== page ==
On a stormy evening in New York Harbor with over 800 passengers onboard, the Staten Island Ferry became stricken with an engine room fire. Completely immobilizing her in gale force winds at the height of rush hour just before the Christmas weekend. The Captain of the ferry and United States Coast Guard called all available tugs in the vicinity to come to the aid.
The Carver Marine Towing tug MISTER JIM was less than a mile away and the Chief Mate on watch, Will Gedney didn’t hesitate and steamed over. Will sounded the general alarm to get all hands on deck and come up with a plan of action. Captain Chris Mitchell rushed to the wheelhouse and worked on the plan with Will, Chief Engineer Mike Warlikowski and deckhand Robert Pires in the wheelhouse. Captain Mitchell and the crew would go on deck to assist in the evacuation of the ferry passengers. Chief Mate Gedney would stay at the helm and take control of the Staten Island Ferry by making up to the stern quarter of the SANDY GROUND. Another tug would make up on the other side with lines to maintain control.
The tug DAISY MAE was on site within minutes and Captain Bobby Clark positioned themselves on the bow of the ferry to maintain control of the stricken vessel. In the midst of the event, the Carver Marine crews were working with the Staten Island Ferry crews and NYPD officers to come up with a plan on how to safely get the passengers off in a choppy harbor and freezing temperatures. There was no safe way for them to step onto any vessel with endangering the lives of the people. There was smaller NYC Waterways ferries on scene but they couldn’t safely lay alongside the SANDY GROUND either without risking damage to the vessels. The MISTER JIM on the Port side in combination with the other tug boat on the Starboard side wound shift further back on their lines. This allowed the smaller ferry to place their loading ramp bow into the loading ramp of the Staten Island Ferry. The tugs maintained control of the ferry all the while allowing the smaller ferry to wedge in safely alongside the MISTER JIM. The first ferry evacuated roughly 150 souls on board.
By then, the harbor was buzzing with FDNY vessels, NYPD vessels and other tugs, including the MACKENZIE ROSE on station now. The SANDY GROUND anchored but due to the extreme currents and weather conditions in New York, she was drifting towards the shoals and shore. The tugs were watching the potential impending danger of now having the ferry SANDY GROUND, run aground. All crews on the Carver Marine Tugs in addition to the vessels on scene maneuvered the 320’ into safer waters and closer to the Ferry dock in Staten Island.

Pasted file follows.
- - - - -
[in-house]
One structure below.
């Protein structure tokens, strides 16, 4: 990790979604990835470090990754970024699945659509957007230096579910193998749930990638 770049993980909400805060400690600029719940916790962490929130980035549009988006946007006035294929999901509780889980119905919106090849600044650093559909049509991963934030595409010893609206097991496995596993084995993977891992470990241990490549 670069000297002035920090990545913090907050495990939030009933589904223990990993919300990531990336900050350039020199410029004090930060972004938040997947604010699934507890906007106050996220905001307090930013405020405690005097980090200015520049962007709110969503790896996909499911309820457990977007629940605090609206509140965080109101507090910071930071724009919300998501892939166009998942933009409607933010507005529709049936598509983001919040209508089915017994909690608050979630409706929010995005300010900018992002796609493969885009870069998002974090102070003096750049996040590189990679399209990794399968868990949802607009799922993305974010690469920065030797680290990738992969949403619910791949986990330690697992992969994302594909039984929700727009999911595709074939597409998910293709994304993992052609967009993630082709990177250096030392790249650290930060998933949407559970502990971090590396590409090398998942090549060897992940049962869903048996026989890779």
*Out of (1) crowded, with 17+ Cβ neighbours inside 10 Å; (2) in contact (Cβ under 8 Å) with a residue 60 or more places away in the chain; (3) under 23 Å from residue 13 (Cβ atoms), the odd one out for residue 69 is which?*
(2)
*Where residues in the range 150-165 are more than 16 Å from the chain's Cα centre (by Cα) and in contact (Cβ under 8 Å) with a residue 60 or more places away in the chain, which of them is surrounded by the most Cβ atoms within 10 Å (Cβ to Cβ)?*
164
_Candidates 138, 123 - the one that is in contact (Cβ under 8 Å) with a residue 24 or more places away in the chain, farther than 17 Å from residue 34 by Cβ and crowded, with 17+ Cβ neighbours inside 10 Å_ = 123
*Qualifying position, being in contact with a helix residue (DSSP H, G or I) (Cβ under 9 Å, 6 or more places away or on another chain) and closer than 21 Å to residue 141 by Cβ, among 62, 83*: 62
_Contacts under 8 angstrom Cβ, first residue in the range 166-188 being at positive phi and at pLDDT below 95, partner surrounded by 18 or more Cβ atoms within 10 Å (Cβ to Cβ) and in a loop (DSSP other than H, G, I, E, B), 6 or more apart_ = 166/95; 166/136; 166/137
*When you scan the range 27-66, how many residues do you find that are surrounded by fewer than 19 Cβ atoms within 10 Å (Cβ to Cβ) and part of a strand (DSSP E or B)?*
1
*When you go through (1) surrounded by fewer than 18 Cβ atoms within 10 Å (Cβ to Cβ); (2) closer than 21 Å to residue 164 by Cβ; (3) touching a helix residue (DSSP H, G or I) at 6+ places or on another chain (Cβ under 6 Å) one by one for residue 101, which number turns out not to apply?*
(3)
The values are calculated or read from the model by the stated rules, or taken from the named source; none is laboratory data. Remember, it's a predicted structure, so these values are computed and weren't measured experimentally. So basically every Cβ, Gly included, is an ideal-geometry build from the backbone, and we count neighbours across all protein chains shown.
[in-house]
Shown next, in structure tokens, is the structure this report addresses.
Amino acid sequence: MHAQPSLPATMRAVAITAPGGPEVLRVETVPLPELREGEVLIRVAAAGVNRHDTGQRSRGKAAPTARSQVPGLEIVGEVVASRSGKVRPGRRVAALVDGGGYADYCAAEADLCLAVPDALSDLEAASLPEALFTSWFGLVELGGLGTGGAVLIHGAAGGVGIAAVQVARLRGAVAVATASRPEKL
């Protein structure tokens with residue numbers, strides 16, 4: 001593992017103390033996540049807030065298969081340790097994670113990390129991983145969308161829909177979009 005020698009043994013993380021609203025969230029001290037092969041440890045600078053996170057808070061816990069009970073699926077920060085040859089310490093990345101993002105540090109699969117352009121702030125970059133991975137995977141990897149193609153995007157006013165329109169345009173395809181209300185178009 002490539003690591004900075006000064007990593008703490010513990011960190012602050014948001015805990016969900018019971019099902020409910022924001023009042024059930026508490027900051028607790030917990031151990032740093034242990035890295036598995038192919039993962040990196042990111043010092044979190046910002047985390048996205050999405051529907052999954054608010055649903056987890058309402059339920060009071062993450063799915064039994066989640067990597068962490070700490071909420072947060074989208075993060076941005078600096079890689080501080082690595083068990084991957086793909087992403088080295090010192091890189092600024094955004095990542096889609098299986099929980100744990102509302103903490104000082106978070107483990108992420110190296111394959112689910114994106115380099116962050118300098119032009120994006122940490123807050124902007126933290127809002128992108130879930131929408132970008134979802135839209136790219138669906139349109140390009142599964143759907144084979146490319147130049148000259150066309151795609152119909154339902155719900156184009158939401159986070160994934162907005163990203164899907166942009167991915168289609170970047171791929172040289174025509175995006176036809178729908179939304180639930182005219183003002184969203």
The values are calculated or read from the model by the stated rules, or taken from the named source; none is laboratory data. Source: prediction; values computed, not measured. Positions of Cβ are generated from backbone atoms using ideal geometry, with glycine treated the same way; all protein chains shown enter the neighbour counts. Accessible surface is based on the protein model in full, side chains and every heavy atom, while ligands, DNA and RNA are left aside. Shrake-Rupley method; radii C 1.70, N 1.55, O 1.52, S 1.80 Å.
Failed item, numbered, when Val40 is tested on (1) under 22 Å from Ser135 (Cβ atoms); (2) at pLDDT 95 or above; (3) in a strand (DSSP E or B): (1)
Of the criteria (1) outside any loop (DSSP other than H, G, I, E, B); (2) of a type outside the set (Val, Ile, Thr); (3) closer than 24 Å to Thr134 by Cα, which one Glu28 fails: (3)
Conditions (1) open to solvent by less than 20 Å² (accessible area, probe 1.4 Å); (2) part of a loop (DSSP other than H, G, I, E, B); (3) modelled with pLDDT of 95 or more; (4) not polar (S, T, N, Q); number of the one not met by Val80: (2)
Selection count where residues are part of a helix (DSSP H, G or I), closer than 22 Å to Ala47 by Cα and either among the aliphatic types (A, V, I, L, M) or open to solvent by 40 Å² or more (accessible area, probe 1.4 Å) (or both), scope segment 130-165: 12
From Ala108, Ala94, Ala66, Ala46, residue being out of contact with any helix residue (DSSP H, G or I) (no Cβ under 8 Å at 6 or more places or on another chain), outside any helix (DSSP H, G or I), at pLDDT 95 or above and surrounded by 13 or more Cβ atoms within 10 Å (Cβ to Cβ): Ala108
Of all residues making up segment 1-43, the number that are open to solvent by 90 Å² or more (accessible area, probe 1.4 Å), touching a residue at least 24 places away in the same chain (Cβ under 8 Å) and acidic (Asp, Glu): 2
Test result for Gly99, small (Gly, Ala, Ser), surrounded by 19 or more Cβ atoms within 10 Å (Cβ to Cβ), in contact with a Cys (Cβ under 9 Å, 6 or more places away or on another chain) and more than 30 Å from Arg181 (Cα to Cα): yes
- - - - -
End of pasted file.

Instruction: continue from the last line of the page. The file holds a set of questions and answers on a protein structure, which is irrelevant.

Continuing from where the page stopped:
There were still passengers on board that needed to get off so an additional ferry positioned herself alongside the MISTER JIM and the other tug to evacuate the worried passengers. Transferring trained sea farers at sea isn’t an easy feat, let alone civilians who are now scared and have never done anything like this in their life. They all had to be addressed individually to make sure no one slipped into the dark waters of New York. All hands from all parties filled up another ferry with 500 people and now, the disabled vessel was positioned close to the berth in Staten Island.
A third smaller ferry was now in position, but there was such a large gap in between the vessels that the remaining 150 passengers would need to step across. It was a risk that no one wanted them to take. The fire was extinguished and contained using the fixed CO2 and it was decided by the Coast Guard and FDNY that it was best to keep the remaining passengers on board. The MISTER JIM and the other tug on the stern acting as the propulsion and the DAISY MAE on the bow to guide the bow of the ferry safely into her slip with the MACKENZIE ROSE on the other side to assist as needed. The mission was now complete and every single one of those 800+ passengers could sleep safely in their own bed and home with their family.
All of the Carver Marine Towing crews jumped right into action, not knowing what the end result would be, but they knew what had to be done. The true professionalism of our crews is what makes the difference in this industry. Most people simply see the tugs sailing around New York harbor and don’t really understand what it takes to put to sea or in the so called sixth borough of New York Harbor. As proven in this event and many like this that don’t get the attention of the media, it’s the crews that make it.
Captain Chris Mitchell
Mate Will Gedney
Engineer Mike Warlikowski
DH Robert Pires
Captain Bobby Clark
Mate Justin Bressette
Engineer Frank Paoluccio
DH Dan Lawson
DH Matt Morey
Captain Jeff Keating
Mate Adam Clark
Engineer Michael Dinkel
DH Chris Southard
DH Sharif Porter Junior
Bravo Zulu to all of those involved! The actions do not go unnoticed and its greatly appreciated by everyone. Thank you.